My first gesture drawings — done in May 2016 — were a lot of fun. They were also (in my opinion, at least) fairly good. I had absolutely no idea what I was “supposed” to do, so I just jumped in, made my marks as quickly as possible, and thoroughly enjoyed the process.
But then, as time went on, I learned more about gesture drawing. I learned too much, I think, because gesture drawing suddenly became difficult. The more I learned, the harder it was to do a simple gesture drawing. I reviewed a lot of online tutorials, read a lot of articles on gesture drawing, and I tried a lot of different methods. You’ll find a lot of links to various sites in a post I made last year: When Did Gesture Drawing Become So Hard?
Instead of being fun, gesture drawing became frustrating for me. I was trying too hard, and I can see that now. Little wonder I wasn’t enjoying it. The problem of trying too hard was becoming part of all my art, and when I realized what was happening, I knew it was time to make a few changes. I wanted to learn to draw better — that’s my goal in art now — but I had to find ways around the frustration.
So, instead of trying my best — which always meant trying too hard — I devised the strategy of not trying. Maybe that sounds crazy. Maybe it seems counter-productive for learning, but for me it’s been a good strategy. Throughout the summer, I’ve been happily making bad drawings and surprising myself at how easy — and fun — art can be. Even my worst drawings, I’ve learned, are still recognizable. It all leads me to believe that maybe there is hope for me. Maybe I can relax, let go, and create this thing we call art.
And maybe I can even have fun again with gesture drawing.
Doing gesture drawing was one of the assignments in the 10-week drawing course I’ve been following. I grabbed my “summer sketchbook” — the one that’s filled with bad drawings — and went online to Quickposes, a site that features timed poses. They offer a number of different types of poses:
- Female Silhouettes
- Femme Fatales
- Lying Distortion
- Please Be Seated
At Quickposes, you can also choose the timing — from 30 seconds per pose up to 300. You can also create a custom time interval between the poses.
To complete my drawing-course assignment, I chose “Lying Distortion” and set a short time interval. I believe it was 45 seconds per pose. Just long enough to jump in and quickly sketch the basic “flow”. I’ll admit I did end up with a few models who were missing a body part here or there, but once I settled in to the exercise, I did fairly well. I relaxed and had fun because I was not trying too hard.
I won’t show all of my sketches, but here are a couple to give you an idea of what I was doing:
I did have fun with gesture drawing, and I’m excited to go back to the site and do more. Instead of working to do complete figures, though, I’m going to do a few easy exercises to help me more accurately see and draw the human form. These exercises involve quickly noting the lines of action in the body and capturing those first. In fact, for the first exercise, it’s only necessary to draw a single line. The key point is to do it quickly. See it. Draw it. Start by allowing yourself up to 30 seconds to identify and capture the most essential line of action in the pose, then practice until you can find and draw the line of action in no more than 5 seconds.
The next step is to add the three major body masses: head, ribcage, and hips. These can be quickly illustrated with oval shapes on the line of action. The figure shown here — and the exercise — is from the Line of Action website. They suggest allowing up to 60 seconds at first to get down the initial line of action and the body masses, and to then gradually decrease the time — to 45 seconds, 30 seconds, 15 seconds.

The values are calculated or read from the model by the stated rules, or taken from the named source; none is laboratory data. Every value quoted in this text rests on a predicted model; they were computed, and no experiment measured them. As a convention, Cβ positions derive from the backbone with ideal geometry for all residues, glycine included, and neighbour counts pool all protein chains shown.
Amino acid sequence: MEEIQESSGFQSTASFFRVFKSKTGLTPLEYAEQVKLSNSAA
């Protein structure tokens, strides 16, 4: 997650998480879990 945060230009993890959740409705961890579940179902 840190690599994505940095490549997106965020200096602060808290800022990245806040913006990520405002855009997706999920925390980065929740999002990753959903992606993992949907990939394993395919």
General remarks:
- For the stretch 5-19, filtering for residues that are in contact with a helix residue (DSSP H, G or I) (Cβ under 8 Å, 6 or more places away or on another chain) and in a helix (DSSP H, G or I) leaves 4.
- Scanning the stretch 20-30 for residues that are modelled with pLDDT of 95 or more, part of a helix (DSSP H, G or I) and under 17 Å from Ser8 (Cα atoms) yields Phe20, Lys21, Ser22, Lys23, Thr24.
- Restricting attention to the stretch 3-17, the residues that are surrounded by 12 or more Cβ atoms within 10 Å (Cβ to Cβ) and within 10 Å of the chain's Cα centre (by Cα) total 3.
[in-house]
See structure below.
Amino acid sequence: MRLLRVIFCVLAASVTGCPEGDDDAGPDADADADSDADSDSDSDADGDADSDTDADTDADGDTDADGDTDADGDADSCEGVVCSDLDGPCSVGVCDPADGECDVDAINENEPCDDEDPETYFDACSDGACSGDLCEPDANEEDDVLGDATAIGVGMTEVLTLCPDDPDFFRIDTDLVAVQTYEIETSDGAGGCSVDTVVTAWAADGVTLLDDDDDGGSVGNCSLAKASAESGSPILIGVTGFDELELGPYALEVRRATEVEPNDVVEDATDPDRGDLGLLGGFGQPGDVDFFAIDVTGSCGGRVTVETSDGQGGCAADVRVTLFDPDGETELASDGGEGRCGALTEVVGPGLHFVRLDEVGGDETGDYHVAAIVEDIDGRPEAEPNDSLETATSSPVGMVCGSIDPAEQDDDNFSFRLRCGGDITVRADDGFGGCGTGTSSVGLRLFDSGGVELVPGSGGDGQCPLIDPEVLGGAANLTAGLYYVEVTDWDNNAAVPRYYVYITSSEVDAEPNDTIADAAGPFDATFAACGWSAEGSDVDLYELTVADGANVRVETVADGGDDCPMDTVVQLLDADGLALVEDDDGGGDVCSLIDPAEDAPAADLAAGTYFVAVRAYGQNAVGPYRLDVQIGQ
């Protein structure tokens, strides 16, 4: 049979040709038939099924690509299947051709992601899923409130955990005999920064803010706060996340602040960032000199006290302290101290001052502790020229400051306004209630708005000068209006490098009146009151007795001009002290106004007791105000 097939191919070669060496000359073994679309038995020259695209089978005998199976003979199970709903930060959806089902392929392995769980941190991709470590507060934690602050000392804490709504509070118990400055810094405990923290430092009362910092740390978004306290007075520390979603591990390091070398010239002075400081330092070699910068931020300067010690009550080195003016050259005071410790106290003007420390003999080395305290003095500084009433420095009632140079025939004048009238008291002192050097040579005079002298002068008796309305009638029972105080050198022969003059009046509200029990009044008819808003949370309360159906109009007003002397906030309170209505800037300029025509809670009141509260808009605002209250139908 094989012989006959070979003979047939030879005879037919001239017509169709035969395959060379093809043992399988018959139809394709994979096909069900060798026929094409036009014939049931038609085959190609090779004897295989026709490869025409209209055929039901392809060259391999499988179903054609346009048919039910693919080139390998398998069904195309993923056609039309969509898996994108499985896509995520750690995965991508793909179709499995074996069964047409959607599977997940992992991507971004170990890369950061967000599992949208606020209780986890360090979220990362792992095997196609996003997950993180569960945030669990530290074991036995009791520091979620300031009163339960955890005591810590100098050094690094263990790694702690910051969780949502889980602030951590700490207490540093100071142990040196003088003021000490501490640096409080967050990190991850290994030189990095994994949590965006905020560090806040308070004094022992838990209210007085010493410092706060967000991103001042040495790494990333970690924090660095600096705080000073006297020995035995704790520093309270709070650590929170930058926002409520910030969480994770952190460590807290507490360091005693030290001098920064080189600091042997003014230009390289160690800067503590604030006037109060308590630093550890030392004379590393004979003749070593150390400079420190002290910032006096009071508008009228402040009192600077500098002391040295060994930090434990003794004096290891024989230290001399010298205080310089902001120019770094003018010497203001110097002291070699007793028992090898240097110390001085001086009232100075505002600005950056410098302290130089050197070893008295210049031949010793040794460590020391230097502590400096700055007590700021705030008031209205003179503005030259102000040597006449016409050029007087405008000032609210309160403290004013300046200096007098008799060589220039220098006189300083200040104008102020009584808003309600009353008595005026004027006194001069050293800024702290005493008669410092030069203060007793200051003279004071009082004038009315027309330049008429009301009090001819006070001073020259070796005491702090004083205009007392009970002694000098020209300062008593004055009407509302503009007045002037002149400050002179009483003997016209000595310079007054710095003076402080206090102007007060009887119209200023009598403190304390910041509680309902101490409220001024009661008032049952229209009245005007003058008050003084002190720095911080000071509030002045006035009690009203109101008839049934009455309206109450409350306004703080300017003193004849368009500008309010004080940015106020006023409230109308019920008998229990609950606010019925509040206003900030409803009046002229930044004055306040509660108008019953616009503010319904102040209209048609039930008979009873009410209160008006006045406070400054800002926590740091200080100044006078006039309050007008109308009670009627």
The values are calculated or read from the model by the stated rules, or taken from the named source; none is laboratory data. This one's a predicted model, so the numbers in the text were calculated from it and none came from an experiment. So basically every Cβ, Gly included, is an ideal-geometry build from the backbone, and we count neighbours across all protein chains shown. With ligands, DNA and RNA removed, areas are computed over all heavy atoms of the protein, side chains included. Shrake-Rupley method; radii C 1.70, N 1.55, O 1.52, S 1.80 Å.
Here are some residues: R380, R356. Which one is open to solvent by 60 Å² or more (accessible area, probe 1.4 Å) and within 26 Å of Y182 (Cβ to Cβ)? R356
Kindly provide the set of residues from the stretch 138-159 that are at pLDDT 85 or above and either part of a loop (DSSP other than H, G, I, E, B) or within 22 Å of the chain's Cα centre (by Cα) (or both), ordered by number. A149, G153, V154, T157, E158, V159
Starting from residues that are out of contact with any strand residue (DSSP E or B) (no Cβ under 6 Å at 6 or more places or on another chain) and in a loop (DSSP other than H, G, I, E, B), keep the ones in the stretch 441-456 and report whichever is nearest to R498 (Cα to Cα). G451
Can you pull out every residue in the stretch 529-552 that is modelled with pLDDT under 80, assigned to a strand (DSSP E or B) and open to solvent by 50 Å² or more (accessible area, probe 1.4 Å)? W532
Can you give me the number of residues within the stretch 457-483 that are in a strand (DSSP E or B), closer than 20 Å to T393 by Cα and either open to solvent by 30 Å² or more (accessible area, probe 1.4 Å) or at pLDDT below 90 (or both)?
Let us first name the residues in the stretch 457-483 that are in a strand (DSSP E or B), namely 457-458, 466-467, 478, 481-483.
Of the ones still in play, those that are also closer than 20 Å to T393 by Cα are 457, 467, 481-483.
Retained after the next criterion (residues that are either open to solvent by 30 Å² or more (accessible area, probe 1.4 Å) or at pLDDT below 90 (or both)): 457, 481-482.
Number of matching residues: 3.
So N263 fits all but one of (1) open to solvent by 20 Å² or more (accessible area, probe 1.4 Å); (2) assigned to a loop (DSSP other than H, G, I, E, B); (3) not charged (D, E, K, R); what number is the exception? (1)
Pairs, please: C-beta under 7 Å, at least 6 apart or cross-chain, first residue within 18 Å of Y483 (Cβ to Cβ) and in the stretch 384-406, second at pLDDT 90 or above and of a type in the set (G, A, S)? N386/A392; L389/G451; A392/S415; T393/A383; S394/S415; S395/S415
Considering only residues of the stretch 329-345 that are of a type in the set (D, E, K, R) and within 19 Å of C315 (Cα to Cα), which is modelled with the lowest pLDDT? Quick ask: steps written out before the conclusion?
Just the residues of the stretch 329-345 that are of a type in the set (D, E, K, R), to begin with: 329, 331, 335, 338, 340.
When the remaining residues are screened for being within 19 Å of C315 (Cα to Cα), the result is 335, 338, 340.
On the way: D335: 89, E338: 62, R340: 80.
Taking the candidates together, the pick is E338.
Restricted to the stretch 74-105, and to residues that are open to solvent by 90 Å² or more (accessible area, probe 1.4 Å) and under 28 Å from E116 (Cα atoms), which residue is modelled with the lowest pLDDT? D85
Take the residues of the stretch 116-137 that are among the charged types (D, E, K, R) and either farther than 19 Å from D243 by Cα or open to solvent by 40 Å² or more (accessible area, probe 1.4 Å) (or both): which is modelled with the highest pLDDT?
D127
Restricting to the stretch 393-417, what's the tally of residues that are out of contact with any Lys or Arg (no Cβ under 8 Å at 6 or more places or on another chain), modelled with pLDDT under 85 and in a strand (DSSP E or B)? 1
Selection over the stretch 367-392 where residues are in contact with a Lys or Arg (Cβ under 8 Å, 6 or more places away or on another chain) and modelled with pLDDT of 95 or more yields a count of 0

We can then capture the limbs with long lines for arms and legs. The website suggests allowing no more than 2 minutes to draw the first line of action, add the body masses, and then identify the limbs and joints.
This is a great way to approach gesture drawing, I think, and I plan to use it for a few practice sessions. It will help me with the drawing itself by giving me a starting point and a step-by-step process to follow, as well as helping me “speed up” my gesture drawing. There have been times when I’ve just stared at a figure with my mouth falling open as I try to figure out where and how to even begin. This simple “line of action” approach says “Start here… and keep going.”
Sometimes, you know, just getting started really is the hardest part of any sort of drawing, and I think that can be especially true with gesture drawing. But there’s no time to waste when the clock is ticking, and 60 seconds can go by very quickly.
In addition to Quick Poses and Line of Action, there are other good sites for gesture drawing or for more detailed figure drawing instruction. You might want to check out the videos from Croquis Cafe and the images available through Sketch Daily.
And keep in mind these great tips — all from Quick Poses:
- Draw the essence of the pose first and work on details later.
- You will get better each session but it takes time and practice.
- Learn from your mistakes. If you do this you will improve much faster.
- Make these exercises a daily habit and you will surely improve a lot !
- Find the best drawing from the previous session and aim to beat that during this session.
- Challenge yourself and choose a shorter time limit every couple of weeks.
- Try to complete your drawing on time.
- If you can’t complete your drawing on time maybe you should change the time limit.
- If your drawings are out of proportion try drawing the hips and backbone first.
- Try different drawing materials from time to time.
- Don’t forget to have fun.
The last one is definitely important, and to that I’ll add my tip: don’t try too hard. That’s how I’m approaching all of my drawing this summer, and it really is helping me enjoy art in new ways.